Canadian business aviation hits turbulent times
Oct. 11, 2011, Toronto - Canadian business aviation leaders are fuming over new government rules that, they say, produce precisely the opposite result of the flexibility and efficiency that corporate aircraft are supposed to deliver.
October 11, 2011 By The Financial Post
The ruling Conservatives – normally staunch advocates of private enterprise – earlier this year reversed a decade-old policy of loosening Ottawa’s involvement in aviation. Under that regime, a previous Liberal government transferred control of many airports to local authorities, set up an autonomous agency to handle air traffic control, and allowed the business aviation industry itself to decide whether a company or individual could operate an aircraft.
The new policy, implemented in April, has again put issuing private operator certificates, known as POCs, in the hands of the federal transport department. “We’ve gone full circle,” says Sam Barone, president of the Canadian Business Aviation Association (CBAA), which previously issued the POCs.
Mr Barone and others claim that operators now have to wait up to four months for their certificates, and that some are so fed up that they plan to register their aircraft across the border in the US. The government doesn’t have “either the understanding or the manpower”, says John Hopkinson, chief executive of Alberta-based John Hopkinson & Associates, the country’s biggest aircraft broker.
Mr Barone adds that “the regulatory framework may be so burdensome that it negates the benefits of business aviation”.
The association estimates that 1,000-1,100 aircraft are used for business purposes in Canada, the second highest number for any country after the US. (Transport Canada says that only about 600 aircraft are registered for business use.)
Several companies operate planes as big as Bombardier’s CRJ regional jets, seating 70-90 passengers, and the 76-seat Q400 turboprop, using them to ferry workers to remote mines and oil and gas fields. Pratt & Whitney, the aircraft engine maker with a big factory in Montreal, is among a handful of companies that operate regular services between their Canadian operations and US head offices.
Three companies dominate Canada’s charter and aircraft management market: Skyservice and Chartright, both based in Toronto; and Execaire, a subsidiary of IMP, an industrial group headquartered in Halifax, Nova Scotia.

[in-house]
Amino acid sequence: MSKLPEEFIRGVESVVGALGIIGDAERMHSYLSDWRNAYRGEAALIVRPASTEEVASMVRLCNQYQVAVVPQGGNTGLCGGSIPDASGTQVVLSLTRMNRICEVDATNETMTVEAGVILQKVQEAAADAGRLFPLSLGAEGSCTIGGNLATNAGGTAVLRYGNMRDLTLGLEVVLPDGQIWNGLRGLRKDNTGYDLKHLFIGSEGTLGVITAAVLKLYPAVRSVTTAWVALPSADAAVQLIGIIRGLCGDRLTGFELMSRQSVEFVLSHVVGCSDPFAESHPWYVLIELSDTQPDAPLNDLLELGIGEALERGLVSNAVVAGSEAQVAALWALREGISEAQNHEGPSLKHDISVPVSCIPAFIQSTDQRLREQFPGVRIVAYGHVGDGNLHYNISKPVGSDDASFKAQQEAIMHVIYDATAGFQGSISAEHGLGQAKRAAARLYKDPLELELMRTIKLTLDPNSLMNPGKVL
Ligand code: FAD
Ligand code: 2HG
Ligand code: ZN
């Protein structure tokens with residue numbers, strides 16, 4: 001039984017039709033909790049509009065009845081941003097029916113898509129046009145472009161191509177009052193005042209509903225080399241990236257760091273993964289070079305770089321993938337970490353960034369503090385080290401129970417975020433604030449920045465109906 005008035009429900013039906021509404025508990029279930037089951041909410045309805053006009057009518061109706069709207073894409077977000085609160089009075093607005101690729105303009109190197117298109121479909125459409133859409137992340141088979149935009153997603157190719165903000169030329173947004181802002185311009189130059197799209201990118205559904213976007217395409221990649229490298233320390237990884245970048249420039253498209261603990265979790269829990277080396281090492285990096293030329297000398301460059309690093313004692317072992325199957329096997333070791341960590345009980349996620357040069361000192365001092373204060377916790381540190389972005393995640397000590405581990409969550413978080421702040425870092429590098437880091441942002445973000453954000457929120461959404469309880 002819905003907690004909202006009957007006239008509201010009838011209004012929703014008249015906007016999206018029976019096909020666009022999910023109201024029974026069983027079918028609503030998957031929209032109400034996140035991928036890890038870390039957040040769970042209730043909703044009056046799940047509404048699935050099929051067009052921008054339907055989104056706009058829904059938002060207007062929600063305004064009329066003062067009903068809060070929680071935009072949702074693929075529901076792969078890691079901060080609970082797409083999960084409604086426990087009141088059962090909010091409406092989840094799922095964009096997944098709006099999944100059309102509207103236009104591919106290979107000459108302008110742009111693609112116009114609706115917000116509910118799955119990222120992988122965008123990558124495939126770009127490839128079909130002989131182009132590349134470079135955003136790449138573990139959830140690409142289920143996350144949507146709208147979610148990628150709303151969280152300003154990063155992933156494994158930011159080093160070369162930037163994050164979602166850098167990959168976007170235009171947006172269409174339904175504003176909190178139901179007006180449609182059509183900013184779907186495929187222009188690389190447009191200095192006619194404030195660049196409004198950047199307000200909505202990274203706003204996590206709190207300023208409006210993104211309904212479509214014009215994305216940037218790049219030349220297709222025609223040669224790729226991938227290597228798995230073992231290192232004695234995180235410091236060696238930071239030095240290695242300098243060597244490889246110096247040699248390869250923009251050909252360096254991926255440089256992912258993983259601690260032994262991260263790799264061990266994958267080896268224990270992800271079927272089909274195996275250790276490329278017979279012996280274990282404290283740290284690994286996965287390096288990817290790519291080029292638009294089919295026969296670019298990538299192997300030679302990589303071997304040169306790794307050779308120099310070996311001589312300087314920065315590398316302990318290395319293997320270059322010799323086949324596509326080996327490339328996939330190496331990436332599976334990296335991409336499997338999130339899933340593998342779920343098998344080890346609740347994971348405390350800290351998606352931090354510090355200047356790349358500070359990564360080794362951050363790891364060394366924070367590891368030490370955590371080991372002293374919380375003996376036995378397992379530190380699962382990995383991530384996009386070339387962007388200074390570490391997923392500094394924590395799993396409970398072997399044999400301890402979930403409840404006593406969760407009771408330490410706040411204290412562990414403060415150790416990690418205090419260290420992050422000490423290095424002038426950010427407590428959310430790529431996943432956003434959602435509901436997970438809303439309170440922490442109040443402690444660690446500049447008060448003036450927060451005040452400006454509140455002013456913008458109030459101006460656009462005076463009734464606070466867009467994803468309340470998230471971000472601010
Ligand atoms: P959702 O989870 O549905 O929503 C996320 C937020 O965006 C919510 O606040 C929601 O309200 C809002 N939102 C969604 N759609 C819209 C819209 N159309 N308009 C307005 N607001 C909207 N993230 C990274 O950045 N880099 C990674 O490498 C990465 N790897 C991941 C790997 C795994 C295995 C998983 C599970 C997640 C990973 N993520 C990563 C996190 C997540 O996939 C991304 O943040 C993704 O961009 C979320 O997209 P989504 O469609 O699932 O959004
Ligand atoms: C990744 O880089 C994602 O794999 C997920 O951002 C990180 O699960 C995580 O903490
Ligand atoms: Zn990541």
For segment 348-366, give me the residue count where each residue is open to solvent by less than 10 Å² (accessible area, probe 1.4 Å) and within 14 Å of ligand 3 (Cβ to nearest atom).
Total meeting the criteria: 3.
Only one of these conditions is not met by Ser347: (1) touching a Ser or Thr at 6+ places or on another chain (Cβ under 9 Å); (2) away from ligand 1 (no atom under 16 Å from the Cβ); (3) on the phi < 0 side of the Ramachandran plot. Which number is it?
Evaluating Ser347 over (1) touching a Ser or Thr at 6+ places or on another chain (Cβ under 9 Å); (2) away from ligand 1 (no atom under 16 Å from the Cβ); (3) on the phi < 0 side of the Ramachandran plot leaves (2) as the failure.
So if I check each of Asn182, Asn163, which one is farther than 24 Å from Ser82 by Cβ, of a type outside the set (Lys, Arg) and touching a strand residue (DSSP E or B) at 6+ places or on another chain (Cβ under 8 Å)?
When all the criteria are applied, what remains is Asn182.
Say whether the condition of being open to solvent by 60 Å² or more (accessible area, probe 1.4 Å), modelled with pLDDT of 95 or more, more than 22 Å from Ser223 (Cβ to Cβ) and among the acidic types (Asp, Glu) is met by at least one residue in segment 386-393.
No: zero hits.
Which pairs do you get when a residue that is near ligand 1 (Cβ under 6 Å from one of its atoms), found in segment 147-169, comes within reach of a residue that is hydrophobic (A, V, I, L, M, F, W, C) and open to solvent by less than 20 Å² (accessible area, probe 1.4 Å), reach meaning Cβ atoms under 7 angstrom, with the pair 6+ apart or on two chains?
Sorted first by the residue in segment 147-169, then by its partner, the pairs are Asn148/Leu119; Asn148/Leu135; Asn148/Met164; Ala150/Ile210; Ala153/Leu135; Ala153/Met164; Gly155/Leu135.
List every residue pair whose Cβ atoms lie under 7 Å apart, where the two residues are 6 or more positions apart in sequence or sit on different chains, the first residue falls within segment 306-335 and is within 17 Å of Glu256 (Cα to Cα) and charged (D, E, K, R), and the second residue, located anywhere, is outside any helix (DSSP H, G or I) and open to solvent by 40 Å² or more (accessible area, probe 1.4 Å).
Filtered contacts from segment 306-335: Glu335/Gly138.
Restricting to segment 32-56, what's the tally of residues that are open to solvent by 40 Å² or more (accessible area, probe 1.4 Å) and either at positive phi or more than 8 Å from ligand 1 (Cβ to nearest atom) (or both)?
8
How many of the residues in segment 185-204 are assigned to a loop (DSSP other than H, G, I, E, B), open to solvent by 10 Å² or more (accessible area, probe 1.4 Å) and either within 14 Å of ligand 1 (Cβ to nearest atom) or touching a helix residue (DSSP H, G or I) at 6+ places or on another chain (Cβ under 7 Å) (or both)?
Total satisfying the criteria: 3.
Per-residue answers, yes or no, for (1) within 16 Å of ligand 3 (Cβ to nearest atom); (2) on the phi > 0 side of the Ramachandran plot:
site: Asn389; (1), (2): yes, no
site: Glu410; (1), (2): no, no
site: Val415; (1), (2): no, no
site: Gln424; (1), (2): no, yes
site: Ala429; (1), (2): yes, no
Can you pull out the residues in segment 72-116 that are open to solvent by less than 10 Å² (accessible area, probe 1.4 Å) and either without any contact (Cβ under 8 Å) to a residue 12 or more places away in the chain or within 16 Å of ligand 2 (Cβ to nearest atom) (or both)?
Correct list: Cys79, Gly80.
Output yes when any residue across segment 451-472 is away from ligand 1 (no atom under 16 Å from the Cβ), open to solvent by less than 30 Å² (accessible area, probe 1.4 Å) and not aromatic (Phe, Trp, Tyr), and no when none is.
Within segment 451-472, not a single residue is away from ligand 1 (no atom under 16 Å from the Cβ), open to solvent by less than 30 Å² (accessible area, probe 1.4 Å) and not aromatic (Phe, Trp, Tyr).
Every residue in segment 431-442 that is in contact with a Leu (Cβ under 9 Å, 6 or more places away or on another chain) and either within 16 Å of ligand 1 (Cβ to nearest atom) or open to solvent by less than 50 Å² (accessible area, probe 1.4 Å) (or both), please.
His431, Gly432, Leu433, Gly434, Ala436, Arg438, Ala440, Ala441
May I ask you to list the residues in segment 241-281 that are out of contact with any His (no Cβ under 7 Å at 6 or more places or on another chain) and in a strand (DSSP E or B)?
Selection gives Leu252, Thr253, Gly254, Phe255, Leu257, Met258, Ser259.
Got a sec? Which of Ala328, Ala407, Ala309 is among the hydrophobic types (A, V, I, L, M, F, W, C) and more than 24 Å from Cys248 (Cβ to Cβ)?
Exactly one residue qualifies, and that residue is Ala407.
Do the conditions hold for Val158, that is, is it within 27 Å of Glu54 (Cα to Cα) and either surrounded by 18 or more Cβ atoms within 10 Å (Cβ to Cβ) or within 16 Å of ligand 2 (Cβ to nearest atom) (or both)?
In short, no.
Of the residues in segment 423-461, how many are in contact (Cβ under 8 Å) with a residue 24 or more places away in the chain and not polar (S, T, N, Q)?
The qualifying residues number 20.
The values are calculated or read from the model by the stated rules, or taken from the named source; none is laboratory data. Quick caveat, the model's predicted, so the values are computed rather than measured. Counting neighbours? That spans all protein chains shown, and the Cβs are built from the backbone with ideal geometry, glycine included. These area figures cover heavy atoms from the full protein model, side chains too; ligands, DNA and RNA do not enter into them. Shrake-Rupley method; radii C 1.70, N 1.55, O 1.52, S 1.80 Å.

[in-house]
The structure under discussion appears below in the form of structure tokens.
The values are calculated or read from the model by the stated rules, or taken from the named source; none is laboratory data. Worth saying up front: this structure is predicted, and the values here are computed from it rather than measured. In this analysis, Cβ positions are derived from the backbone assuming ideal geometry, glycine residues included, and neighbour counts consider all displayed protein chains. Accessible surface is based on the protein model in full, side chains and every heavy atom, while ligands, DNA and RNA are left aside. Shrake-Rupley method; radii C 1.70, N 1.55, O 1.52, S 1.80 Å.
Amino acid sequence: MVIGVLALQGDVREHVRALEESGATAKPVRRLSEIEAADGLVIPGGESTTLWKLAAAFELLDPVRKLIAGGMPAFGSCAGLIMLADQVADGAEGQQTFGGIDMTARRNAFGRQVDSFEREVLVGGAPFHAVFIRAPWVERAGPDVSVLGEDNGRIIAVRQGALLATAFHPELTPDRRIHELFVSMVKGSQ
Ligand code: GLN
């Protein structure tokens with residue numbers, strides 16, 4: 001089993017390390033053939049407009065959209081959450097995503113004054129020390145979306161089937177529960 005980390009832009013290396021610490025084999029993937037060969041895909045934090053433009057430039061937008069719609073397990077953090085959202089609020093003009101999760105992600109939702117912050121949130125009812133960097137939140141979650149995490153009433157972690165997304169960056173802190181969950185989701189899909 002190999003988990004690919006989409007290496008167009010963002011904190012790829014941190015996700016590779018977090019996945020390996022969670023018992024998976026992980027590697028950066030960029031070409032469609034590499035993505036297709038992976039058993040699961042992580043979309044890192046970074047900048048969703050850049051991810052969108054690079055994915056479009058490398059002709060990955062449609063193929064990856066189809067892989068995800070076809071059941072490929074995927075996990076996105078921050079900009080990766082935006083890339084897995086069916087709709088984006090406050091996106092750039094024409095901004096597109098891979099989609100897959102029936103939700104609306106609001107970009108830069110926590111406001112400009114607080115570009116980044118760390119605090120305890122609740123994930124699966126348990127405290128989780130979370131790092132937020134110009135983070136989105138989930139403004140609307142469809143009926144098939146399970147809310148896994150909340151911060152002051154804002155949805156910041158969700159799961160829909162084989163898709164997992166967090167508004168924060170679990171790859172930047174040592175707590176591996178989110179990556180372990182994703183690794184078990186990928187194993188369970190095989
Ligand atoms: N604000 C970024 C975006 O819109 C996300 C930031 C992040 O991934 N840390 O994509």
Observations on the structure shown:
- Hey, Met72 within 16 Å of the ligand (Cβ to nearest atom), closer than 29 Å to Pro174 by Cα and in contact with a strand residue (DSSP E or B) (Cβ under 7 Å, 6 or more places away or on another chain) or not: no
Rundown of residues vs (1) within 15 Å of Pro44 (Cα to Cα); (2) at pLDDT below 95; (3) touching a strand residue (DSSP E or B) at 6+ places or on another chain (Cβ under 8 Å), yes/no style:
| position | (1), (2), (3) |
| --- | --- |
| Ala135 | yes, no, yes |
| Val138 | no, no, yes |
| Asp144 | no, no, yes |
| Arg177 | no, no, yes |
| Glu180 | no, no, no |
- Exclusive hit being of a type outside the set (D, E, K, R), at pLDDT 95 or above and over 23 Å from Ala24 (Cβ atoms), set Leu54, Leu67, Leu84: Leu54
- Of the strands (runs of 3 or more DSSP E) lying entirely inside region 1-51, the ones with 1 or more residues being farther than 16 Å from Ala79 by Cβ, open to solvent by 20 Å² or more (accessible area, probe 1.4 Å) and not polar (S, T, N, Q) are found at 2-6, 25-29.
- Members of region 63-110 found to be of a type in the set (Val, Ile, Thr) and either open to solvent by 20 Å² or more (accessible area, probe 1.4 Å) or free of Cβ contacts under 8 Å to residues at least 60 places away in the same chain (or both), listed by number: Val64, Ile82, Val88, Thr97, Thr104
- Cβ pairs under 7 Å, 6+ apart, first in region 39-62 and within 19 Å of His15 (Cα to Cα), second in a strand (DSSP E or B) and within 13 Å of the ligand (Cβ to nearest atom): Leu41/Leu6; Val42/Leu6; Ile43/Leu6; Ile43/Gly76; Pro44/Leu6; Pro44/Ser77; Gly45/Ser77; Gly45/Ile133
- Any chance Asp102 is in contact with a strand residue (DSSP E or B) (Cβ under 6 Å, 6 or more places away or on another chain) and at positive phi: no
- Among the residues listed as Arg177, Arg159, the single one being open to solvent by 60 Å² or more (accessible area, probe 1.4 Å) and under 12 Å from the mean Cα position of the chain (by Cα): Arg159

Adam Keller, Chartright’s chief executive, says that his company’s business has rebounded sharply from the 2008-09 recession, surging by 25 per cent a year. John Hopkinson & Associates was sufficiently confident of the business outlook this summer that it bought 25 seven-passenger Cessna Citation jets.
“We thought we’d sell them at a rate of one a month,” Mr Hopkinson says. Yet, by mid-September, he had already taken orders for seven of the aircraft.
“We have a stronger economy and that generates more requirements,” Mr Hopkinson explains, citing in particular an upsurge in traffic to Fort McMurray, centre of Alberta’s oil sands industry. Furthermore, he said, east-west traffic across Canada has returned to almost pre-recession levels.
The strong Canadian dollar and low prices for used aircraft have helped pull in buyers. According to Mr Keller, a plane with a price tag of C$13m in 2005-06, when the Canadian dollar was worth less than 80 US cents, can now be picked up for C$4m-5m (including depreciation). The Canadian dollar has traded as high as US$1.06 this year, but retreated below parity as the global economic outlook darkened in September.
“I don’t think we’re actually tied to the economy,” Mr Keller says, adding that “every time they pat someone down at an airport my business goes up”.
Not everyone is quite so sanguine. Kirk Rowe, CEO of Execaire, the number-three charter operator, says: “I think we’re in turbulent times. It’s a very challenging industry.”
Mr Rowe draws a distinction between what he describes as the “ultra-rich”, who continue to buy large aircraft such as Bombardier’s Challenger 604 and the Gulfstream V, and the merely “moderately rich” who are more likely to cut back in tough times.
Execaire’s large aircraft charters and management business have grown over the past 18 months. “Everything else is bumpy,” Mr Rowe says.
Meanwhile, the government has no plans to revert to the old system of the industry issuing its own POCs. “Building on existing resources and experience, and with the support of the CBAA throughout the transition period, Transport Canada is confident in its ability to deliver the POC programme,” the department says. It plans to publish new draft regulations later this year and in 2012.
As Mr Barone sees it, the decision to end self-regulation was at least partly caused by pressure from opposition parties, which held a majority on the relevant parliamentary committee during the years when the Conservatives formed a minority government. Although the Tories won an outright majority in elections this spring, other factors also appear to be at play.
The industry’s reputation took a knock after high-profile crashes between 2007 and 2009. Two of the accidents, in Alberta and British Columbia, took a heavy toll on the senior management of an Edmonton-based family-owned engineering company.
The third crash involved a Bombardier Global Express jet landing in high winds near a golf resort in Nova Scotia. No one was seriously injured, but the incident attracted considerable publicity because the founder of Canada’s biggest coffee-shop chain, also the aircraft owner, was on board.
Explaining its new stance, the transport department says it is “committed to developing a strengthened POC programme and service standards that allow the business aviation community to operate effectively and efficiently while respecting our accountability to the Canadian public”.